Structured Design Methodology
Last Edit July 22, 2001
Introduction To The Overview
The Structured Design Methodology, as developed here for the design of
Bipolar, CMOS or BiCMOS logic arrays, applies to any array design effort
regardless of technology or vendor. The designer who follows this methodology
will ensure a smooth design flow between milestones that will help ensure
a successful design the first time.
The design flow is presented in this chapter at the introductory level.
Following chapters will detail specific areas such as timing analysis,
simulation and power computation.
Design Sequence - Pre-Capture
The Structured Design Methodology stresses a certain design flow sequence
of events, developed for use by the beginning array designer, the beginning
user of an Engineering Workstation (EWS) or the designer experienced in
both. Each step will be discussed in more detail after the design flow
is fully outlined.
Circuit functional specification
The circuit functional specification is the target specification; it
describes what it is that is to be implemented on one or more arrays.
This includes: a block diagram of the system or circuit, overall performance
requirements, I/O interface, testability, environmental and packaging
requirements. (See Table 2-1.)
Once the functional specification identifies the need for more than one
array, partitioning of the overall circuit modules to ensure proper boundary
conditions must be made and then the functional specifications of the
individual array circuits must be created. The specifications must be
defined to be independent of each other to allow parallel circuit development.
Note that there is no constraint at this point as to the product to be
used beyond operating specifications.
The technology of the array is defined by the performance requirements.
As a basic guideline, high speed requires ECL bipolar, slower speeds and
low power require CMOS, and moderate speeds and bipolar drive capability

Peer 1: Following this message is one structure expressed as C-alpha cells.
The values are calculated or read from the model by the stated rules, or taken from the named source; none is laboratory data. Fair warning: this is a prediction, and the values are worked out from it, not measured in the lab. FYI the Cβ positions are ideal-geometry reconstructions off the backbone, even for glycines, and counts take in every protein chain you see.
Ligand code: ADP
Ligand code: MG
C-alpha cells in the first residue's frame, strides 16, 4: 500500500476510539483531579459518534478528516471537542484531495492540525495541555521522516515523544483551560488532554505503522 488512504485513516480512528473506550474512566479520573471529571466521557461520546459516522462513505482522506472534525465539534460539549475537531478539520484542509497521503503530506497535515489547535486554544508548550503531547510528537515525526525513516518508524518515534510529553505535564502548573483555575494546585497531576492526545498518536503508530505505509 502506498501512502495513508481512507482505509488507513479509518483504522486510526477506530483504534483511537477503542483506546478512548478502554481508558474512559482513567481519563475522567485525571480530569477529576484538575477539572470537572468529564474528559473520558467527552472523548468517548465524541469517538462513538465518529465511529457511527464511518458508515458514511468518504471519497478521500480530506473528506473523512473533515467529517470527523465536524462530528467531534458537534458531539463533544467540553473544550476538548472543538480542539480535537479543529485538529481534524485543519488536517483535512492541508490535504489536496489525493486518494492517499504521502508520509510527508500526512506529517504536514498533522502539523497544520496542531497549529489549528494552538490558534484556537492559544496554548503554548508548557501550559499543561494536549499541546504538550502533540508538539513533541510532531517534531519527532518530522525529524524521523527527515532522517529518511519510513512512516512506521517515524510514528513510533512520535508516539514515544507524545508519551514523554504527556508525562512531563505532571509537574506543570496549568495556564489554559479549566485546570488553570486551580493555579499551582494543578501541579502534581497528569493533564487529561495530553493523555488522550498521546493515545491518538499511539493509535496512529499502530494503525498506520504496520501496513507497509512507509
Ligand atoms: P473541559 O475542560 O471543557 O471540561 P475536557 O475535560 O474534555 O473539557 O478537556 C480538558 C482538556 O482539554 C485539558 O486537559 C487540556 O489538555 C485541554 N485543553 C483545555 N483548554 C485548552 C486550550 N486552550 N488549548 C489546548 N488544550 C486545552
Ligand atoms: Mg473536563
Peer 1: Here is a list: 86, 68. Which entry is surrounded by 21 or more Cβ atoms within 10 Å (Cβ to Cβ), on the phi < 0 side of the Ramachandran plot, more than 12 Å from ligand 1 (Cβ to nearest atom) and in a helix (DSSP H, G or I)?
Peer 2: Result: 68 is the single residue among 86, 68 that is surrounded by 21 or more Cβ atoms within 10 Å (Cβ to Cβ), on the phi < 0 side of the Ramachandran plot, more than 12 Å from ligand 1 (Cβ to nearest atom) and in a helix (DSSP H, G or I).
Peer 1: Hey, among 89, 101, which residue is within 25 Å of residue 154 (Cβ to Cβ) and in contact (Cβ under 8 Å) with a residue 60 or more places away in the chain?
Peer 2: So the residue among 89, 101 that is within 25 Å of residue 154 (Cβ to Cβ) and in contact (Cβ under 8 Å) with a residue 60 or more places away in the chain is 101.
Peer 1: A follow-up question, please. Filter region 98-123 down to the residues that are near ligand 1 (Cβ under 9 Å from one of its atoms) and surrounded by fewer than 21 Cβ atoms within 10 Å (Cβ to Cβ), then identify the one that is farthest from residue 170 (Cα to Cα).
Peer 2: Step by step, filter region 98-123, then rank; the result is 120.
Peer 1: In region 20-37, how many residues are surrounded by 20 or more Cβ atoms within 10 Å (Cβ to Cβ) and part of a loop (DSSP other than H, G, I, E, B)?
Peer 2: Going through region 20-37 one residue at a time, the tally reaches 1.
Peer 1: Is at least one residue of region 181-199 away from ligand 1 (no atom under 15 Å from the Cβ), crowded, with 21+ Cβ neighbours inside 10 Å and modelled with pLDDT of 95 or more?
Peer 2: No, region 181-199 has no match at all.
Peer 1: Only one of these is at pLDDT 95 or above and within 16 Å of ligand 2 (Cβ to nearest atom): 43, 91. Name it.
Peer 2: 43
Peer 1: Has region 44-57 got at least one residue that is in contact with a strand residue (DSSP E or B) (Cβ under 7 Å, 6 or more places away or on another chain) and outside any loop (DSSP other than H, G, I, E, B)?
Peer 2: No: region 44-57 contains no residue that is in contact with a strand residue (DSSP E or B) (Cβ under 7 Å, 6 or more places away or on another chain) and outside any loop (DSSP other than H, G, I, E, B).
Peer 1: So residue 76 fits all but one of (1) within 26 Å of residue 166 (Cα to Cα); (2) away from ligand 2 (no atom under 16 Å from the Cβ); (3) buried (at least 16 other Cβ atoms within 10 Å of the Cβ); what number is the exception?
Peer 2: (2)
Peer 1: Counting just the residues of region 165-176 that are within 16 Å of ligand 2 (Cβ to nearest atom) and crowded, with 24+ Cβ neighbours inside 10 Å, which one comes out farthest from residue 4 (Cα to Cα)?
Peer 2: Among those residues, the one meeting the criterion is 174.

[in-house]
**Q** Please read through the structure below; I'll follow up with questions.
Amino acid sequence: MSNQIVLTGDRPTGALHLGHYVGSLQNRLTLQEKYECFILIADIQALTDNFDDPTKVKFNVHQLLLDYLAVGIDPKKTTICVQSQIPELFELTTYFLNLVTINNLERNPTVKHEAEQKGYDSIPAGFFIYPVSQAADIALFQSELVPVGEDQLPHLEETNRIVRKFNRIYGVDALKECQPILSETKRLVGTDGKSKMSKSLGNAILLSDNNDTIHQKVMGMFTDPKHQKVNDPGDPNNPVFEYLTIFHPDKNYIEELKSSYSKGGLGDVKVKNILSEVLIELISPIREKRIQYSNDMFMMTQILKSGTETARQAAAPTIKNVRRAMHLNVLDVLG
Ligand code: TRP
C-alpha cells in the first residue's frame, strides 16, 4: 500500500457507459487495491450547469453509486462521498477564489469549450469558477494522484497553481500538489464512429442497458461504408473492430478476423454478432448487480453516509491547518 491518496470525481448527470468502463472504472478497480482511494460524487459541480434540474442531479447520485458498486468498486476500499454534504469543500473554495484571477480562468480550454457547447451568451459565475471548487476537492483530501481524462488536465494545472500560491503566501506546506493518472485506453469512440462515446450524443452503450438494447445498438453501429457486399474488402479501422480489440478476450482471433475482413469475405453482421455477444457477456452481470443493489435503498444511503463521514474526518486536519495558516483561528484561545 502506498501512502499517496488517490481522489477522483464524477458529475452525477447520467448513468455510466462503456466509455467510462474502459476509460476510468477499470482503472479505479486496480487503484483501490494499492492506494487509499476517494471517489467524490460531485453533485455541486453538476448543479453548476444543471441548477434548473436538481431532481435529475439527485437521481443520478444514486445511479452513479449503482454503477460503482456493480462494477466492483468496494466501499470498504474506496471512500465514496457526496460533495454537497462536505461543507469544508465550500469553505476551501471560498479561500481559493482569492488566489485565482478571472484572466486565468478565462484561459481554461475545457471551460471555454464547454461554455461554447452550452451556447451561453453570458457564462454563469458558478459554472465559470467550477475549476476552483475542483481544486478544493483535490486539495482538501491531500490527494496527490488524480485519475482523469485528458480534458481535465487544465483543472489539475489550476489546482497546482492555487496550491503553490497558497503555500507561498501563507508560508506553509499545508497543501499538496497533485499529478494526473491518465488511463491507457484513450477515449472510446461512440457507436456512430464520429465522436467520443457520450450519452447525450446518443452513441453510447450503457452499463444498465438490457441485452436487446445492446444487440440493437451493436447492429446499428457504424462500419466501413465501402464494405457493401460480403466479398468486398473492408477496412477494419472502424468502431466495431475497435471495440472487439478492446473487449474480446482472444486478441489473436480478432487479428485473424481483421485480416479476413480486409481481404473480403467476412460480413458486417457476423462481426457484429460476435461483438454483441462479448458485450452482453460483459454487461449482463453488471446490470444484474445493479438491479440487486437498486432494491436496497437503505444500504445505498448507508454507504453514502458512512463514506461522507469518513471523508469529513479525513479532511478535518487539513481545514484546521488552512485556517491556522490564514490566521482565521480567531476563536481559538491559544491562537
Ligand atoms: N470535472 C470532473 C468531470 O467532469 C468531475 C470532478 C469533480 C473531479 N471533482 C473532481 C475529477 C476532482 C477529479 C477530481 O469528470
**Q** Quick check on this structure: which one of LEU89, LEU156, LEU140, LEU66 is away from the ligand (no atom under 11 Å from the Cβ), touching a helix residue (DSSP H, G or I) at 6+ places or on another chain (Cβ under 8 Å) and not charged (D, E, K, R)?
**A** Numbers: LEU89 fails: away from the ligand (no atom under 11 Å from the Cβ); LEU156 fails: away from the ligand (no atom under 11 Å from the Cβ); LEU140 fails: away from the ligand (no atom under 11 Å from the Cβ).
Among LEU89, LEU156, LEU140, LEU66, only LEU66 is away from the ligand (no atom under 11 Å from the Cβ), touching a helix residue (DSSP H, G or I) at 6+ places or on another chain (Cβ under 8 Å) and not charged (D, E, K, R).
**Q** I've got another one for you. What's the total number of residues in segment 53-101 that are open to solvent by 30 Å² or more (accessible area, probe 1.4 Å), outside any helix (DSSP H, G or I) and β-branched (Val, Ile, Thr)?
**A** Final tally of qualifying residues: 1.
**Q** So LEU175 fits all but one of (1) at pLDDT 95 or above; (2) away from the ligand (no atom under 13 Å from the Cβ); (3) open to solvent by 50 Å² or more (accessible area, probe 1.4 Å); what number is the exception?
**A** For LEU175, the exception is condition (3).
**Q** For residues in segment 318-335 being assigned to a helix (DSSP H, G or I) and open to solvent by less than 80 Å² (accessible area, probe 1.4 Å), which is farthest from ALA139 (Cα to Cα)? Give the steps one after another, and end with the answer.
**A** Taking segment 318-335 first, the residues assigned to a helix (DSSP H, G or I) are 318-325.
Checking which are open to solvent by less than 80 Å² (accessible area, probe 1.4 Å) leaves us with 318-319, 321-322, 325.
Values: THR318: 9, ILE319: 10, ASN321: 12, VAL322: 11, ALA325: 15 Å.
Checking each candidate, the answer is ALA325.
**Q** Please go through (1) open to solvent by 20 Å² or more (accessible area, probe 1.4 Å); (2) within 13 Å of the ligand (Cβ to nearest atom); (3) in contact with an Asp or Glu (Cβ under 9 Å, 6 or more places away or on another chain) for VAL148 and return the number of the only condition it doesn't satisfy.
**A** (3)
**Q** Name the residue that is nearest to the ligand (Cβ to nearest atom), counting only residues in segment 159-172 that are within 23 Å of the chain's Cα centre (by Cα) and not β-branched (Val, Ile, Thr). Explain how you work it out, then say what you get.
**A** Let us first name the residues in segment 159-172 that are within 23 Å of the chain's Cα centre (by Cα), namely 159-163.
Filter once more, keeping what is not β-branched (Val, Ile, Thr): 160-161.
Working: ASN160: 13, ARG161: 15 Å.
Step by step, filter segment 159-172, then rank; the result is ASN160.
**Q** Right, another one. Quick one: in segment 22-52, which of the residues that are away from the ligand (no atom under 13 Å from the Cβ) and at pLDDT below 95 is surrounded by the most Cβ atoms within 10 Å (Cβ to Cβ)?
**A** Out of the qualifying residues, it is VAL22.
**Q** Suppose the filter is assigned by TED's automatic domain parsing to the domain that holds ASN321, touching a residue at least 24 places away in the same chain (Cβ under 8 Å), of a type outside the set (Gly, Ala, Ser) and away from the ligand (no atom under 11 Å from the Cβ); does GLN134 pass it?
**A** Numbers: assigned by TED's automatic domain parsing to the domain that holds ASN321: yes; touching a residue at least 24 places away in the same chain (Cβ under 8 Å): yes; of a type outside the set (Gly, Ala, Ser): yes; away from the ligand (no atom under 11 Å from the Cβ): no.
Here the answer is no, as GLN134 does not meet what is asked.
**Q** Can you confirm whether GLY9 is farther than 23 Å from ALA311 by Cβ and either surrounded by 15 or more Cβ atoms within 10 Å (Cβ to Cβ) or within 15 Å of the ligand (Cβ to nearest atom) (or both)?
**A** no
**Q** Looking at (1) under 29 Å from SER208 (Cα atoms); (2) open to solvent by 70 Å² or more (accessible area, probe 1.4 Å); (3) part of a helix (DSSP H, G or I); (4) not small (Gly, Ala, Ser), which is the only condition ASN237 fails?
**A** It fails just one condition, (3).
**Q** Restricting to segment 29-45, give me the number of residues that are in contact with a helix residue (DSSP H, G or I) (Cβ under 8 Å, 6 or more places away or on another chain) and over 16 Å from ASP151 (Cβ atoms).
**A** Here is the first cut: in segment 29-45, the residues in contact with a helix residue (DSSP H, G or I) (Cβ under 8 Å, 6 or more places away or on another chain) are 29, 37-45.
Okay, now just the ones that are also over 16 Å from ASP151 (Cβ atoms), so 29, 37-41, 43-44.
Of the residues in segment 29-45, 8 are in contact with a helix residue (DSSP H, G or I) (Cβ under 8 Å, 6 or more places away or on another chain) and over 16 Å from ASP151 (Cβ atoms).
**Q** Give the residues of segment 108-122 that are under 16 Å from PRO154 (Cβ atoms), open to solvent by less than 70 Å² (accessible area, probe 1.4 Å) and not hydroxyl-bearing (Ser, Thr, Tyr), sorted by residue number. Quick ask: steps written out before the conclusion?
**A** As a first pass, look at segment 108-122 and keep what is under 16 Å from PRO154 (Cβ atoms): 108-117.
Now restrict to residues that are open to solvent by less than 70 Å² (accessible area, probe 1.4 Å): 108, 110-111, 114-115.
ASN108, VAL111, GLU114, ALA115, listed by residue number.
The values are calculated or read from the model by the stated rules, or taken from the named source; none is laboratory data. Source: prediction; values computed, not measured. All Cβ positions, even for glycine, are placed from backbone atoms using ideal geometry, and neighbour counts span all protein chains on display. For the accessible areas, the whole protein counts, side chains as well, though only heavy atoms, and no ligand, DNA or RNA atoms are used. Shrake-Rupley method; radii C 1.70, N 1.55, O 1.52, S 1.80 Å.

without the price of bipolar power dissipation require BiCMOS. Where the
boundaries are is subjective and subject to continual evolution and change.
Table 2-1 Components Of The Target Specification
|Block Diagram Showing Modules and Their Interface to
Each Other and to the Rest of the System
|Functional Description of Modules
|Maximum Frequency of Operation
Circuit hardware specification
The circuit hardware specification is the planned hardware approach to
satisfying the target functional specification. For multiple array designs,
this may involve another level of specification, one specification for
each circuit intended for a different array. This implies that project
partitioning has been completed, and defines all required I/O and throughput
performance. (See Table 2-2.)
Table 2-2 Components Of The Hardware Specification
|Potential Array Series
|Modules Detailed into Functional Sub-Modules
|Functional Description of Sub-Modules
|Functional Block Sizing - Cell Counts (Rough)
|I/O Interface Details - Cell Counts (Rough)
|Toggle Frequency for I/O initial Packages
|Critical Path Throughput Estimates
A hardware architecture specification equates to PDL (program description
language) for software. It identifies modules and closely defines how
the modules will work together. HDL (hardware description language) and
VHDL have been developed to formalize this specification.
From this level of specification it is possible to estimate I/O signal
requirements and internal cell utilization. At this point, the estimates
are very rough and will only serve to allow a first cut at reducing the
number of arrays that need to be considered. Some compromises or engineering
tradeoffs may have been made, refining the functional specification.